The tea shops have borrowed a page from Western coffee chains, creating new drink variations all the time.

They have even pinched some of the coffee lingo. Macchiato, traditionally made from shots of espresso shots and small amounts of milk, has been parlayed into milk tea names.

Taetea, the world’s largest Pu’er tea group, has opened two cafés in Shanghai. One is located on Nanjing Road W.

The café sells mostly Pu’er tea, but also offers non-tea drinks like mango yogurt and coffee. The menu includes Kingpuresso macchiato, but instead of espresso, the drink is made of Taetea’s own Pu’er tea, extracted through a specifically designed counter pressure machine.

Classic Kingpuresso is the pure Pu’er tea, costing 30 yuan (US$4.36). The barista described it as the “Americano-style Pu’er tea.” The shop also sells the loose tea at quite reasonable prices. A 100-gram tin of loose Pu’er tea leaves costs 75 yuan.

The Gong Cha chain from Hong Kong has popularized Taiwan-style milk cap tea, featuring a two-layer tea beverage with a slightly salty, dense foam made of milk cap powder, milk and whipping cream. One can taste the refreshing tea and creamy milk cap at the same time. The concept has now been adopted by many brands.

Though most tea beverages are cheaper than coffees, the business of selling milk tea is far more profitable.

Tea shop franchises open storefronts at prime locations, such as shopping malls or busy downtown streets, to guarantee sales volume,

In January, Heytea opened a store in the MIXC Mall in the southern city of Shenzhen. It was next door to a Prada outlet. Nie Yunchen, founder of Heytea, has said in past interviews that the company’s shops in Guangdong have average monthly sales exceeding 1 million yuan. Heytea’s official website claims that the cost of opening a franchise can be recouped in the first month of business.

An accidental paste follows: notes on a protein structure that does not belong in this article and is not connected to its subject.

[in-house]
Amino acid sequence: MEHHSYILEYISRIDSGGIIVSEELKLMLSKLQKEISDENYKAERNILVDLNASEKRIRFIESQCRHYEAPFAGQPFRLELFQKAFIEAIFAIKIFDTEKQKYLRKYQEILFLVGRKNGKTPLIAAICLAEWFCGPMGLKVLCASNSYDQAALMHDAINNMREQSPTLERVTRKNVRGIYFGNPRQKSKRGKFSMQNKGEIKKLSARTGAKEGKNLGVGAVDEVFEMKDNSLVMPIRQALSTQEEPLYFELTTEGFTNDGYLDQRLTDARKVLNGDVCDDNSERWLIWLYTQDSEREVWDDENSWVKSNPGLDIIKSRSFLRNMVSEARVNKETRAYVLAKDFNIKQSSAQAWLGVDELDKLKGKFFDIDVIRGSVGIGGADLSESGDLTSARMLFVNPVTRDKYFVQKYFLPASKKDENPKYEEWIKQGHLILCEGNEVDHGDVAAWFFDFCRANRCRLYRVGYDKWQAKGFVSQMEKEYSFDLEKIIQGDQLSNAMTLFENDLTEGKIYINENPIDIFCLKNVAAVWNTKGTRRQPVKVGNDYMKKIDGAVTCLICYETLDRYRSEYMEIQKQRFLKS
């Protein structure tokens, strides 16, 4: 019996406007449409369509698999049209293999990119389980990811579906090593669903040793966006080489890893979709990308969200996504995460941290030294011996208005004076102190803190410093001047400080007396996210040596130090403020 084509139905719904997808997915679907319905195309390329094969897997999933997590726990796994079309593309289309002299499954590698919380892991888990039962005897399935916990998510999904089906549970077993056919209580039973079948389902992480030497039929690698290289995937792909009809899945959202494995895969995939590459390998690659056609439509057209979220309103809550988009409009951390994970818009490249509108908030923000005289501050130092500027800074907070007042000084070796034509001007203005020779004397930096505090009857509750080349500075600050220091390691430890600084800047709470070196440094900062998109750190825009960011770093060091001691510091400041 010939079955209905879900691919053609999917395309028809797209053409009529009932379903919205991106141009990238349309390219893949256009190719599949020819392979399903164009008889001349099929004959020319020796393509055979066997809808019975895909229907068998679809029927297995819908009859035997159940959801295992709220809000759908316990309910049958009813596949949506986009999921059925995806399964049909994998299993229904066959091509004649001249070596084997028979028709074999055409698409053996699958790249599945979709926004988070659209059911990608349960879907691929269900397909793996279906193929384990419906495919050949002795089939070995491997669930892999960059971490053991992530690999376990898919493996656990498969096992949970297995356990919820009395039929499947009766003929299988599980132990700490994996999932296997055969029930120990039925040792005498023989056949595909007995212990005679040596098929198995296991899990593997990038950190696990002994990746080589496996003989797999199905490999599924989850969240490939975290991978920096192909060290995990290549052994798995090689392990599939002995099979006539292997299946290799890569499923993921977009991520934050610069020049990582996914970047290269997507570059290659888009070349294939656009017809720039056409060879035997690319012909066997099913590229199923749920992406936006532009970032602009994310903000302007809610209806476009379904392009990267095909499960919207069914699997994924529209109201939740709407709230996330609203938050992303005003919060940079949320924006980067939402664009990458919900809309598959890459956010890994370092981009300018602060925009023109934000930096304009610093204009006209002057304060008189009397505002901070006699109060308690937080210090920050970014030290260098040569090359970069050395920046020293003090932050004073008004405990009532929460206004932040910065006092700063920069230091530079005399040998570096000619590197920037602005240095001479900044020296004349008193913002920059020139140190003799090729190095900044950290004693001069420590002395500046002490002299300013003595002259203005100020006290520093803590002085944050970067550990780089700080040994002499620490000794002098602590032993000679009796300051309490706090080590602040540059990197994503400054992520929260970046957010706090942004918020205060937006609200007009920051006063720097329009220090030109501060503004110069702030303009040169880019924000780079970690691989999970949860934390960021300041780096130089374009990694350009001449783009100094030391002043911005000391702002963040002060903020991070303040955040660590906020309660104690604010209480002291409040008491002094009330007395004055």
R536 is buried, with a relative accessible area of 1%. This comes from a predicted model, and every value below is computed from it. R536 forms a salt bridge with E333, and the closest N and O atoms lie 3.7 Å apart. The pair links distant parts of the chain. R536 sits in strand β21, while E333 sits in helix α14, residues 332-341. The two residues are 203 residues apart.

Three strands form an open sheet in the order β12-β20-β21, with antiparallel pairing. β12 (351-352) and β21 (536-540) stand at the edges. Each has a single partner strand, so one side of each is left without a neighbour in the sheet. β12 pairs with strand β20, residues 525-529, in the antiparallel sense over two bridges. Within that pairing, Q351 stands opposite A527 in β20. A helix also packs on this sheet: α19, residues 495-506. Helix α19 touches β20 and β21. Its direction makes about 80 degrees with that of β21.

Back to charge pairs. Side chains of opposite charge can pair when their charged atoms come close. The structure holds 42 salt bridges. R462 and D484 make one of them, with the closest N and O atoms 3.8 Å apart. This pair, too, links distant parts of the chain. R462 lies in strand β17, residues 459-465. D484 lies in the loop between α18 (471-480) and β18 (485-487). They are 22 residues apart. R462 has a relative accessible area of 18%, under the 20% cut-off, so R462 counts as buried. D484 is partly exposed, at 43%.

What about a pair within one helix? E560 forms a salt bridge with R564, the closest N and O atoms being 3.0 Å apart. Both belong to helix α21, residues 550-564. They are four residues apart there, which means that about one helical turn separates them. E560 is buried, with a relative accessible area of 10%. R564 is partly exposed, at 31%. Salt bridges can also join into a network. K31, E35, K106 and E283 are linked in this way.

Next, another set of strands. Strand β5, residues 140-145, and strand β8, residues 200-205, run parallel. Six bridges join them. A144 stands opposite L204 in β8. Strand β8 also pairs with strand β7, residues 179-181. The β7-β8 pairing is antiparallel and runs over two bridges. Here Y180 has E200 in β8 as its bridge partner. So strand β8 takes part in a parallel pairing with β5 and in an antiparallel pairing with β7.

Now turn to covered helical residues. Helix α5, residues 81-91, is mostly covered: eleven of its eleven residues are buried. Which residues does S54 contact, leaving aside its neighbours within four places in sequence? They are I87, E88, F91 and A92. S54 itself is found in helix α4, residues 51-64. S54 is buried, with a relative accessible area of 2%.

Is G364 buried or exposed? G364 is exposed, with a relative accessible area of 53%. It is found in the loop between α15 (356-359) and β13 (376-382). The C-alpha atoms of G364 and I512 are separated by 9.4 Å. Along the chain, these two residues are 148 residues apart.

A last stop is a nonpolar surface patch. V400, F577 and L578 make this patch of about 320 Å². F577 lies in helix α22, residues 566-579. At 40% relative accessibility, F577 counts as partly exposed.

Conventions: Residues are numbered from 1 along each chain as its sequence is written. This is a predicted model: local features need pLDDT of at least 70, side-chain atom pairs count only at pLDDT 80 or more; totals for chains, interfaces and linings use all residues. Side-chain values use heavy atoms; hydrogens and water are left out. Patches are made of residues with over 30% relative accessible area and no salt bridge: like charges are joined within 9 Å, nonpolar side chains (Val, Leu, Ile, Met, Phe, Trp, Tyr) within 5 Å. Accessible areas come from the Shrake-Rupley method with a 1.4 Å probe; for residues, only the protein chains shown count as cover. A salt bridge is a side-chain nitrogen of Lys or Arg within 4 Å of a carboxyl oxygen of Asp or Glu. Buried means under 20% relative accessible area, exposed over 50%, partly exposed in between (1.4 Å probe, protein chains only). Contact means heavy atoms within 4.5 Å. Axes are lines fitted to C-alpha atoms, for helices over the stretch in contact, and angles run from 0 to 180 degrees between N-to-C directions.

Shop guide

Now that tea has followed coffee into the franchise realm, outlets under the same brand pretty much practice the same standards.

Customized drinks are a big selling point, allowing consumers to create their own beverages. In most franchises, there’s a three-step process to placing an order: pick the beverage, select the level of sweetness and choose the desired temperature. Different shops follow slightly different sweetness and temperature measures.

One thing to keep in mind is that the menus offer drinks made with both fresh milk and other dairy products, like milk powder, creamer, evaporated milk or condensed milk. The ones with fresh milk are often slightly more expensive.

Hong Kong-style milk tea is traditionally made with evaporated milk, and the classic silk stocking milk tea is much stronger than average tea drinks, so it’s best to drink in moderation and not on an empty stomach. Many Hong Kong-style tea shops also sell desserts and egg puffs, a kind of hot waffle that pairs well with milk tea.

Many tea franchises allow customers to choose additional ingredients for free or for a small charge. The original and still most popular extra are the black pearls made of tapioca starch, which add no taste but give a certain “chewiness” to tea drinking.

In addition to coconut jelly and aloe fruit, han tian is a low-calorie red alga product of similar texture that’s offered by some shops, including Gong Cha.

Oats, barley, taro balls, red beans and glutinous rice are also growing more popular as add-on ingredients. Some people like pudding or ice cream in their milk tea beverages, and some shops offer cheese crumbs or toasted buckwheat as toppings.